10 bookkeeping tips for small businesses

bookkeeping-tips-for-small-businesses

There are bookkeeping tips for small businesses that, if known, could make the life a business owner so much easier. But, first things first, we should define what bookkeeping is and what processes it involves.

In essence, bookkeeping is that part of accounting that deals with daily recording of financial information, such as:

  • Recording financial transactions
  • Posting debits and credits
  • Producing invoices
  • Maintaining and balancing current accounts, historical accounts and general ledgers
  • Reconciling bank transactions

Beside these basic tasks, bookkeeping can also generate a mini-year-end account in the end of each month, so that decision makers could plan for taxes or for expenditure and investments. Of course, accurate and timely bookkeeping is essential so that you can have a better idea of the financial position of your business, which in turn helps you make informed decisions as well as comply with the filing of your taxes.

Whether you have just launched your business or have been running it for some time, at first you may be tempted to do the bookkeeping yourself or delegate it to the administrative assistant. However, bookkeeping may prove a daunting task, especially that more advance but necessary accounting such as cashflow forecast or management accounts reporting depend on accurate bookkeeping.

Here are 10 bookkeeping tips for small businesses that you may find very useful.

1.Keep business and personal bank accounts separate

Having separate bank accounts for personal transactions and for business transactions will make your business bookkeeping as pain-free as it can possibly get.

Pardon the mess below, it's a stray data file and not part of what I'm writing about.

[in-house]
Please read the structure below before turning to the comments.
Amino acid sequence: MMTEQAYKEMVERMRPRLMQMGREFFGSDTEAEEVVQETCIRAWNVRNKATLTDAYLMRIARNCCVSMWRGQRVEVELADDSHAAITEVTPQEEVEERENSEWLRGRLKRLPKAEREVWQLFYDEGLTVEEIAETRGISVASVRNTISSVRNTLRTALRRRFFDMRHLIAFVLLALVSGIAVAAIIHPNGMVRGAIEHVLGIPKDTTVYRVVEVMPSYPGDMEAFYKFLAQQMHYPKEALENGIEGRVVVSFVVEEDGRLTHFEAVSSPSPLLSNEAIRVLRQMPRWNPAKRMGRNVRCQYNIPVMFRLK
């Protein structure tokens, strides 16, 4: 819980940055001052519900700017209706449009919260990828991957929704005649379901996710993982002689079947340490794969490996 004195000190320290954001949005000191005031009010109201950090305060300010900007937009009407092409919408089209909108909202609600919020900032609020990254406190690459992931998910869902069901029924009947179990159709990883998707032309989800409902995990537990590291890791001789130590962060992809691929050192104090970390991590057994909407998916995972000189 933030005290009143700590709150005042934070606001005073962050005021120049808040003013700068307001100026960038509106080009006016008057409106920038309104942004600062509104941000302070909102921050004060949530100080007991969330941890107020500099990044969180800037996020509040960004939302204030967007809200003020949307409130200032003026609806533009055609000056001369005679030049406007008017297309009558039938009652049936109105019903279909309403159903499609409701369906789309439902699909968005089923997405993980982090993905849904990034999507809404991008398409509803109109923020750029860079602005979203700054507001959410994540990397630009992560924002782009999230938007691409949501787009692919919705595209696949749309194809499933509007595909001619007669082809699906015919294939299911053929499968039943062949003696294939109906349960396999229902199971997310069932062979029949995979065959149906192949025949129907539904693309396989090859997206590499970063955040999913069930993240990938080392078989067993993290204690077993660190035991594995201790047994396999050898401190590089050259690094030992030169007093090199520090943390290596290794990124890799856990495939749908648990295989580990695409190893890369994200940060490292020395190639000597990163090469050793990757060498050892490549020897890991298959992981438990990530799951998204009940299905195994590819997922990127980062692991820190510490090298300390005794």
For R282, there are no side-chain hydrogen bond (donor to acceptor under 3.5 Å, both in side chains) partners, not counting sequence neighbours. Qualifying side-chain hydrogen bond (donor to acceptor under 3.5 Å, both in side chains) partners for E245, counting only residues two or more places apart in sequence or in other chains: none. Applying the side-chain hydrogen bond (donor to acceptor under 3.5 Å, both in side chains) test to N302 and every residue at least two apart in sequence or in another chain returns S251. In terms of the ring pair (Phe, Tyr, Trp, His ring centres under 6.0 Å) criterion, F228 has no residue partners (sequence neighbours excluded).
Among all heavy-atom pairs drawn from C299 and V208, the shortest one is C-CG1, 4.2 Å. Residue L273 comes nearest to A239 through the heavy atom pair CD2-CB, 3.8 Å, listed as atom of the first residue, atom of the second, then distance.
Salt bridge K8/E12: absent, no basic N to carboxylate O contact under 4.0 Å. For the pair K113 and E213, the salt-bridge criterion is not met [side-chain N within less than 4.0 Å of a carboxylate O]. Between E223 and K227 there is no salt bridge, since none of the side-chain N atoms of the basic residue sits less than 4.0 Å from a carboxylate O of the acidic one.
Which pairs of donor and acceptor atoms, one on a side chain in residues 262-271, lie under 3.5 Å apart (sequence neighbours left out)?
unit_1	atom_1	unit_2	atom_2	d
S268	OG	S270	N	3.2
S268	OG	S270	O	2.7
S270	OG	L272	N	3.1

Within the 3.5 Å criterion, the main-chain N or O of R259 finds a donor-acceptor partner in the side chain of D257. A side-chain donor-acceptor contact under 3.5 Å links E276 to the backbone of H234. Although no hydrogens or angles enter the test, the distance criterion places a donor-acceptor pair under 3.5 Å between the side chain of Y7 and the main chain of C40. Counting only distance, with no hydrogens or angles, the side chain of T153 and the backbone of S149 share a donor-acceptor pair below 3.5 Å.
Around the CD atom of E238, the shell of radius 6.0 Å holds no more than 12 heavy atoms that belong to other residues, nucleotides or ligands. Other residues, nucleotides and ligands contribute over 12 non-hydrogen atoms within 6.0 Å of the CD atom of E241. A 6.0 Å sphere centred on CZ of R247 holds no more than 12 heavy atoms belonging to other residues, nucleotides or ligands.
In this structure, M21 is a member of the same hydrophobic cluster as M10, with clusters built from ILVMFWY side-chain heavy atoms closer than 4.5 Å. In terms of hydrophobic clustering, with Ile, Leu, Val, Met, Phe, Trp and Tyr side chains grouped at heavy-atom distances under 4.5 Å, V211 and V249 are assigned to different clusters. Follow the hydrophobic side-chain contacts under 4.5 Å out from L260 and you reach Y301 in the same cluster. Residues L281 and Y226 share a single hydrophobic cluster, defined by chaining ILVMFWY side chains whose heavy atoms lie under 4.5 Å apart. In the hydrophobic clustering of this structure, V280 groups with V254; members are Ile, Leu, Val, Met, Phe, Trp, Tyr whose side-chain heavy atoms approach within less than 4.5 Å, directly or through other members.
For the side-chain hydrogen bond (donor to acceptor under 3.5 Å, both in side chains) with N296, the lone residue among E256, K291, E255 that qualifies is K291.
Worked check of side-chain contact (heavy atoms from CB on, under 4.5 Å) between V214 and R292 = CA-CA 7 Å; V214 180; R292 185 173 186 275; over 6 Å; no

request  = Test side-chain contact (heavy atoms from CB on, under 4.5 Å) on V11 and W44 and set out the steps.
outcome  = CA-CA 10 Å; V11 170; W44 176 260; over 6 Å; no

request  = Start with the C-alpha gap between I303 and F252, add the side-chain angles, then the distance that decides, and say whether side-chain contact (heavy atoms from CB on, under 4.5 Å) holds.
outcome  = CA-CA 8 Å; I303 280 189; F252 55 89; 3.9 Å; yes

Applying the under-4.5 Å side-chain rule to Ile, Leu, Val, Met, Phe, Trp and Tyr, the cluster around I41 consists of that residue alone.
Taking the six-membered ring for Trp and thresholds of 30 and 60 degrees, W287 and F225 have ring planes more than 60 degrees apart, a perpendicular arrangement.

It also makes your business appear more professional. There is no need to plough through personal bank account statements to find the business-related items and expenses when you need to gather information for tax filing purposes. HMRC can ask to see your personal bank statements if business income and expenses appear in the same bank account (do you really want them to see how much you spend at Nando’s each month?).

Also, having a separate bank account is a legal requirement for limited companies, because a limited company is deemed a separate legal entity, so you can’t simply use its money for personal reasons even if you own the company.

2.Be on top of your invoices

Having all the information needed on your invoices should be your main priority when completing your regular bookkeeping. Since you are in business to make money, your customers need to know how and when to pay you. It is absolutely necessary to have a system in place to keep track of payments coming in and, more importantly, overdue payments.

You will also need to keep copies of your invoices or other supporting documentation for all forms of income generated through your business or self-employed work. There are penalties incurred for not keeping accurate records.

The UK Government states that non-incorporated businesses (sole traders and partnerships) should retain their tax records for at least five years and ten months for the tax year to which they relate. For example, for the 2020/21 self-assessment tax return, with a final submission deadline of 31st January 2022, you must retain these records until 31st January 2027. Limited companies must keep records relating to the information in their tax returns until at least six years after the end of their accounting period. Each limited company establishes its own accounting period (unlike sole traders who have a tax year set between 6 APR of the current calendar year to 5 APR of the next calendar year). For example, records relating to the chargeable accounting period of a limited company from 1 APR 2020 to 31 MAR 2021 must be kept until 31 MAR 2027.

3. Have a smart system of payments